———
So, let me take a moment here. To talk to a small segment of you, the ones who like to play this game transgirl highlander (“There can be only ONE true trans woman!”). To the ones who think Andrea and Calp and the rest are right on and that they’re somehow helping with trans women’s communities.

Stop it. You are part of the fucking problem. That doesn’t mean I don’t love you. But it means you’re letting your hurt and anger dictate your actions and you are not doing yourselves or anyone else any good. You’re playing this bullshit “true” transsexual game and it’s crap and it does NOTHING to move forward. It’s not original. It’s not clever.

I get it. I do. You think the kids don’t know our history. You think the kids don’t respect what we went through. You think the kids are being jerks and disrespectful and all you want to do is sit there waving your cane at them telling them to get off your trans community lawn because they’ve been here for a whole of a few years? Let me tell you how to do it.

1. Get the fuck over it and yourselves.
2. Stop acting like a bunch of mean girls.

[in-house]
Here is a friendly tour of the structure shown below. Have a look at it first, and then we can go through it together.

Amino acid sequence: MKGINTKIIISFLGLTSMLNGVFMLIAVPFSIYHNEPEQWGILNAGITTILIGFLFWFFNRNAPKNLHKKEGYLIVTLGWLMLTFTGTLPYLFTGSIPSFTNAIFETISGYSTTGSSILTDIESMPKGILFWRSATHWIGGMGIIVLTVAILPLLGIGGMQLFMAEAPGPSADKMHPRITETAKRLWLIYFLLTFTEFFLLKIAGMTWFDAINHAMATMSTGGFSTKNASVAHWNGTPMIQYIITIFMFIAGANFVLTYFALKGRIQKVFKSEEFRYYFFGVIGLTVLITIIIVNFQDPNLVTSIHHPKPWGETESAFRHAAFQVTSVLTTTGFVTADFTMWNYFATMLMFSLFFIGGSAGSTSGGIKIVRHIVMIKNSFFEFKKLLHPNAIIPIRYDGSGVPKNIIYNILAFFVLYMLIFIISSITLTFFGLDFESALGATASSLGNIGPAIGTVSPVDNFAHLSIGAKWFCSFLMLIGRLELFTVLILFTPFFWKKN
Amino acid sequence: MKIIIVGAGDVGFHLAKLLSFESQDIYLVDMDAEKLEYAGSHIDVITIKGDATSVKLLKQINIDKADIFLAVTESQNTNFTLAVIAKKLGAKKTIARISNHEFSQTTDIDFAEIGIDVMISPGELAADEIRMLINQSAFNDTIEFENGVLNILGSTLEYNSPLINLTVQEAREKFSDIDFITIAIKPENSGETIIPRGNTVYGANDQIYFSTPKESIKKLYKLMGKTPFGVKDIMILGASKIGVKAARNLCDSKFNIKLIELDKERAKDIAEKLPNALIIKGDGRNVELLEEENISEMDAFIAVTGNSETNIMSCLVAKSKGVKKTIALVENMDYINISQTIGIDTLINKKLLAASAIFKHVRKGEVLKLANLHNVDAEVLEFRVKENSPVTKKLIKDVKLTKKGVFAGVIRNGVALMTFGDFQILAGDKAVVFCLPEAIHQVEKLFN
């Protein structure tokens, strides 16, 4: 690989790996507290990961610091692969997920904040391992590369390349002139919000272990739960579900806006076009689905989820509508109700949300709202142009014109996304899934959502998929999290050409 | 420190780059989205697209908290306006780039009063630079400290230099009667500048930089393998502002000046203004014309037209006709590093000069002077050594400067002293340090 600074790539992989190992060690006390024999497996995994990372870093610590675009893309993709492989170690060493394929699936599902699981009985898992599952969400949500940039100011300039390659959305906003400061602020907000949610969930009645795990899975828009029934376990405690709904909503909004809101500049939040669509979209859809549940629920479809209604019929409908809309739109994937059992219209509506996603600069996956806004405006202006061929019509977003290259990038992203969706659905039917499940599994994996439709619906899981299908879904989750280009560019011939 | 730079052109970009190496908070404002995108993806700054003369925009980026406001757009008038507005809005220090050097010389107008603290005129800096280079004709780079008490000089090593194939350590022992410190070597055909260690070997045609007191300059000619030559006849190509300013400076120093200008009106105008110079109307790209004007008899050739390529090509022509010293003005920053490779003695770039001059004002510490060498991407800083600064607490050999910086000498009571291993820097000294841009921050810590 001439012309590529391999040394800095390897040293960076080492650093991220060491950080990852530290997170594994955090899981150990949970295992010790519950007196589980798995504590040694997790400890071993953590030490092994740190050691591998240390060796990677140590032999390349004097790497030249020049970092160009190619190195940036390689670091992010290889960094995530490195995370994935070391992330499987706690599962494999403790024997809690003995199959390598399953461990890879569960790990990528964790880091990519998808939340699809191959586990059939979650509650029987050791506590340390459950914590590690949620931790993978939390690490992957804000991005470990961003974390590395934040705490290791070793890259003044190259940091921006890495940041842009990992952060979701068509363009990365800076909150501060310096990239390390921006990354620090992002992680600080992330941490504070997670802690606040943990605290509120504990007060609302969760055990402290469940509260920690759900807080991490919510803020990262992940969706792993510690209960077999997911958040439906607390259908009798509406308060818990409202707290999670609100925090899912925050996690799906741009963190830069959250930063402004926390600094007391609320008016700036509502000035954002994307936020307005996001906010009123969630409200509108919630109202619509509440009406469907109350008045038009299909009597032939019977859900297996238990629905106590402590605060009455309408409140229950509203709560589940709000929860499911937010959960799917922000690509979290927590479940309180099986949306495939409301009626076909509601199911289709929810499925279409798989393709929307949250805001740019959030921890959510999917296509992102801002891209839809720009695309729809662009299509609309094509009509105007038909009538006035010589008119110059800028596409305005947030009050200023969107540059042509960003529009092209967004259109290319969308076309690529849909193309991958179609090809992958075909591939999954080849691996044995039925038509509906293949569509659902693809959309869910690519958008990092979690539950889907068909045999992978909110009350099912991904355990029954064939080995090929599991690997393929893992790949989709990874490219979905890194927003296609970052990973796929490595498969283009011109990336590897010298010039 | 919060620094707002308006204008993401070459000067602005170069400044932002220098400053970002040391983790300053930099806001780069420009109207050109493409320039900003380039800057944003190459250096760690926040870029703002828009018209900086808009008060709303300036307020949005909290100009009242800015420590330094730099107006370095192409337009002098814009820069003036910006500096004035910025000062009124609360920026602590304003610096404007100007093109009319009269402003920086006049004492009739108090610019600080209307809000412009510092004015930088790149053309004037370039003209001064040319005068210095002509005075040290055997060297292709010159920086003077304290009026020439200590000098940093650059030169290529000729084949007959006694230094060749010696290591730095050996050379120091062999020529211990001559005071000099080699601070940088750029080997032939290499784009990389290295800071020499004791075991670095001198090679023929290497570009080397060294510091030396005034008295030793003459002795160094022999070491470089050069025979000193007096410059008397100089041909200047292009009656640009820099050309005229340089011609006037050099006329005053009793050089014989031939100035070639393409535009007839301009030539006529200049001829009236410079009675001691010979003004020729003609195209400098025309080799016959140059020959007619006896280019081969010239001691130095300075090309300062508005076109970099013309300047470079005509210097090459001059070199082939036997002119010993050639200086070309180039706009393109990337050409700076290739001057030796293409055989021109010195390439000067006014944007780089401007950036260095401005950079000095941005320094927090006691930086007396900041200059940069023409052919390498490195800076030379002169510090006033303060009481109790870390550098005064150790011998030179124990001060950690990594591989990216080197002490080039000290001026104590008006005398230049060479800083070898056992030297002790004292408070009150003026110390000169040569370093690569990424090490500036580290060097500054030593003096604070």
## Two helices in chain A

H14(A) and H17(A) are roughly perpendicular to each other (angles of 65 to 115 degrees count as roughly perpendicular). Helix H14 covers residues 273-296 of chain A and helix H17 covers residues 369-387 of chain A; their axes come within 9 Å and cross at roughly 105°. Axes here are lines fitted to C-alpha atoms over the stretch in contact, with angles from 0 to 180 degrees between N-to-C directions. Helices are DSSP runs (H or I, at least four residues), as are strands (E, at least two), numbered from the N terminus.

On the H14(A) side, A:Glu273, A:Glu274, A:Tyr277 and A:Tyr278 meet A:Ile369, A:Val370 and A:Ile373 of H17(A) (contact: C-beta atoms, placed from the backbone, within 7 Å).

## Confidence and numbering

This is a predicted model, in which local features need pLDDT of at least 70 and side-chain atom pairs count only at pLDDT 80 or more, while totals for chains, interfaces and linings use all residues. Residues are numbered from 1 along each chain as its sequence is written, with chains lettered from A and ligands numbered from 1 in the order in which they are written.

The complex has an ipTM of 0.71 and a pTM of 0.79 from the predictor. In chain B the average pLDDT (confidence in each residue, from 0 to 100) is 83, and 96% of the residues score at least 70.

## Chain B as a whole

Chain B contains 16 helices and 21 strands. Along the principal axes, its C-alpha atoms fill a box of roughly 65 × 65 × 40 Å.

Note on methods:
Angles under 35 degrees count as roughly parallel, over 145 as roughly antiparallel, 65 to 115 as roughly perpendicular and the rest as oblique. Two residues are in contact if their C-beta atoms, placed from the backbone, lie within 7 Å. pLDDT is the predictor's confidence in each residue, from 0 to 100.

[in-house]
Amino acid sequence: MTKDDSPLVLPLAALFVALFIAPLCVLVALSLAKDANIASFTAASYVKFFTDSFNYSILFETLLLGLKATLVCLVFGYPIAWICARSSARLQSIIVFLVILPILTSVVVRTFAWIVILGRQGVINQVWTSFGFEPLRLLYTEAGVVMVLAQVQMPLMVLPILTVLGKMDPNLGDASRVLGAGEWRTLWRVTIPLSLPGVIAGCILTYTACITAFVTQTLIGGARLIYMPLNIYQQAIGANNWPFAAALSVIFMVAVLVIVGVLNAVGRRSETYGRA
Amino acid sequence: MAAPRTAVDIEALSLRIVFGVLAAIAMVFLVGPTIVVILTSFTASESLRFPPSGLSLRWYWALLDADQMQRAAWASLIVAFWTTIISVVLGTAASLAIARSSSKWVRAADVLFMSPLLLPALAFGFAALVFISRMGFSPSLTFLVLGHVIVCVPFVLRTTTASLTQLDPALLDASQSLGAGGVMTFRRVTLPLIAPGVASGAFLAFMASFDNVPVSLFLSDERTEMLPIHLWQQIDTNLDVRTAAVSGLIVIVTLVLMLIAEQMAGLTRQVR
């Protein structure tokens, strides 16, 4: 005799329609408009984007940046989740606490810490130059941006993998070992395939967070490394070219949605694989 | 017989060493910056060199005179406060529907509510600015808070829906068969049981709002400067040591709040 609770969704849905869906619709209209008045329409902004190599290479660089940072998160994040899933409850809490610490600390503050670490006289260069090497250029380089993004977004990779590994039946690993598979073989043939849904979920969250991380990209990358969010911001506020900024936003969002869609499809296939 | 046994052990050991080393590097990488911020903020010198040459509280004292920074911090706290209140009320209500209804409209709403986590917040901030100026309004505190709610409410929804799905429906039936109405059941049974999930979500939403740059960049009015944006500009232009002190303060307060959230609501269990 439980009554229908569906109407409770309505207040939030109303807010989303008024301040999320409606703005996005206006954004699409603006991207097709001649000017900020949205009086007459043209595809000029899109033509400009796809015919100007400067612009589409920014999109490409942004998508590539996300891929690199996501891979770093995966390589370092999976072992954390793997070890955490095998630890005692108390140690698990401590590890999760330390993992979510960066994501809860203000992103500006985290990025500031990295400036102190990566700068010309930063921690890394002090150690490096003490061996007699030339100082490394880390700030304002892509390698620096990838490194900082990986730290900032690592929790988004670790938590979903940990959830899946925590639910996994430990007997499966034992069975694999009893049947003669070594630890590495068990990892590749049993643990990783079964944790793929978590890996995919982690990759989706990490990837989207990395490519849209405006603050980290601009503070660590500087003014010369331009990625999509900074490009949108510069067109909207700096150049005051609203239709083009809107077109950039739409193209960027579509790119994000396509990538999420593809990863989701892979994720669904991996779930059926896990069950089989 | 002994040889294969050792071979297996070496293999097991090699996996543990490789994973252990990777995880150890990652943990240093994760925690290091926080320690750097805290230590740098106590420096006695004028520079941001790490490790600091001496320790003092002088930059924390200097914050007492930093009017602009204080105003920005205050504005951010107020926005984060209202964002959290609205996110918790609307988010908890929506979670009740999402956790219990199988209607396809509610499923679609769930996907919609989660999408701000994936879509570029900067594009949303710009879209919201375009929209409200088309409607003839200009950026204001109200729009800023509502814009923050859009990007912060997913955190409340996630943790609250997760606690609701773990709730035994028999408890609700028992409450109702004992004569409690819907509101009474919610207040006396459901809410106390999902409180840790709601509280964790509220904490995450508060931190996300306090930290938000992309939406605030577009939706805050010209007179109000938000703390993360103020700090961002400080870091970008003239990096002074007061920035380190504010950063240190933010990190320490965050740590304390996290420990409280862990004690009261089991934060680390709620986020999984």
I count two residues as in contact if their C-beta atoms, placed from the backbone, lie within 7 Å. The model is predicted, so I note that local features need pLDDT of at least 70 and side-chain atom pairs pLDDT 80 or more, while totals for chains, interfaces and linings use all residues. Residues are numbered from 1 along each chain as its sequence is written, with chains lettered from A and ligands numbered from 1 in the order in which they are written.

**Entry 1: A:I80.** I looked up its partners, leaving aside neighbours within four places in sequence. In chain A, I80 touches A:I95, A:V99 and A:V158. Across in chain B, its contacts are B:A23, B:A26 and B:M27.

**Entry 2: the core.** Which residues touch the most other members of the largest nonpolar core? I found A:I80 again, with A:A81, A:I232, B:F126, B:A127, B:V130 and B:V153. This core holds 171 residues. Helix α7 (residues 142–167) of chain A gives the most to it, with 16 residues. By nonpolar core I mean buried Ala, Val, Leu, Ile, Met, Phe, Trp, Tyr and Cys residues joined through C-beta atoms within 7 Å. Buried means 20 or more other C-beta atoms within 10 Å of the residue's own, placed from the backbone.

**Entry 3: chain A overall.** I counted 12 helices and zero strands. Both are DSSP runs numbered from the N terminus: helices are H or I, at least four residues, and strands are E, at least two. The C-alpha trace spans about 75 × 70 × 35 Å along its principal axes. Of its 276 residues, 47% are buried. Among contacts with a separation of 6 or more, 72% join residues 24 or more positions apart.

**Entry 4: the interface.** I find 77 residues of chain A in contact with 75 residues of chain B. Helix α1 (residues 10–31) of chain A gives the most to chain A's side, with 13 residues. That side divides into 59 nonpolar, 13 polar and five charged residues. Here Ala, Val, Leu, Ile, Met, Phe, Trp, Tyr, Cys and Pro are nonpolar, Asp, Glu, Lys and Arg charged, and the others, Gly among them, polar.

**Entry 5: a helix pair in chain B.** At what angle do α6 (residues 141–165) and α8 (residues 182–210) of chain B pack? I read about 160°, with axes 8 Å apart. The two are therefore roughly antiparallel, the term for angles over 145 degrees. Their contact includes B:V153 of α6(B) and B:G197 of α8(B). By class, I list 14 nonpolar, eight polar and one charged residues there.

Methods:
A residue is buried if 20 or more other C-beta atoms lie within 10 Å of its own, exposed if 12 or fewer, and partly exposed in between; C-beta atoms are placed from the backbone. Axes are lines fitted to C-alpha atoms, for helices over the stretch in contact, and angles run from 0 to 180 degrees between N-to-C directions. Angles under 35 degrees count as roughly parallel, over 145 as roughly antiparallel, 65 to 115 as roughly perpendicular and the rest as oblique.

3. Swallow your pride, say you’re sorry and start communicating.

The damage you are doing. The cruelty in how you are espousing your opinions. It’s gross. It’s shameful. It’s nasty and mean. You are better than this. WE are better than this.  Want to be elders in the community? Want to be respected and honored? Then act like adults and do things that allow people to say “hey, there’s someone who I’d like to emulate” instead of being someone they should fear.

Keep acting like you are now and you will continue to be marginalized as the mean girl club that you’ve become.

Want the kids to know your history? Tell them about it and LISTEN to theirs. Calling them “disabled /diseased victims”, “nutty trans hacktivists”, “shut ins” etc? Yeah, brilliant. Way to fucking make a connection with the kids? Good going there (eyerolls out of my freaking head). Winning hearts and minds through insults. Wonderful.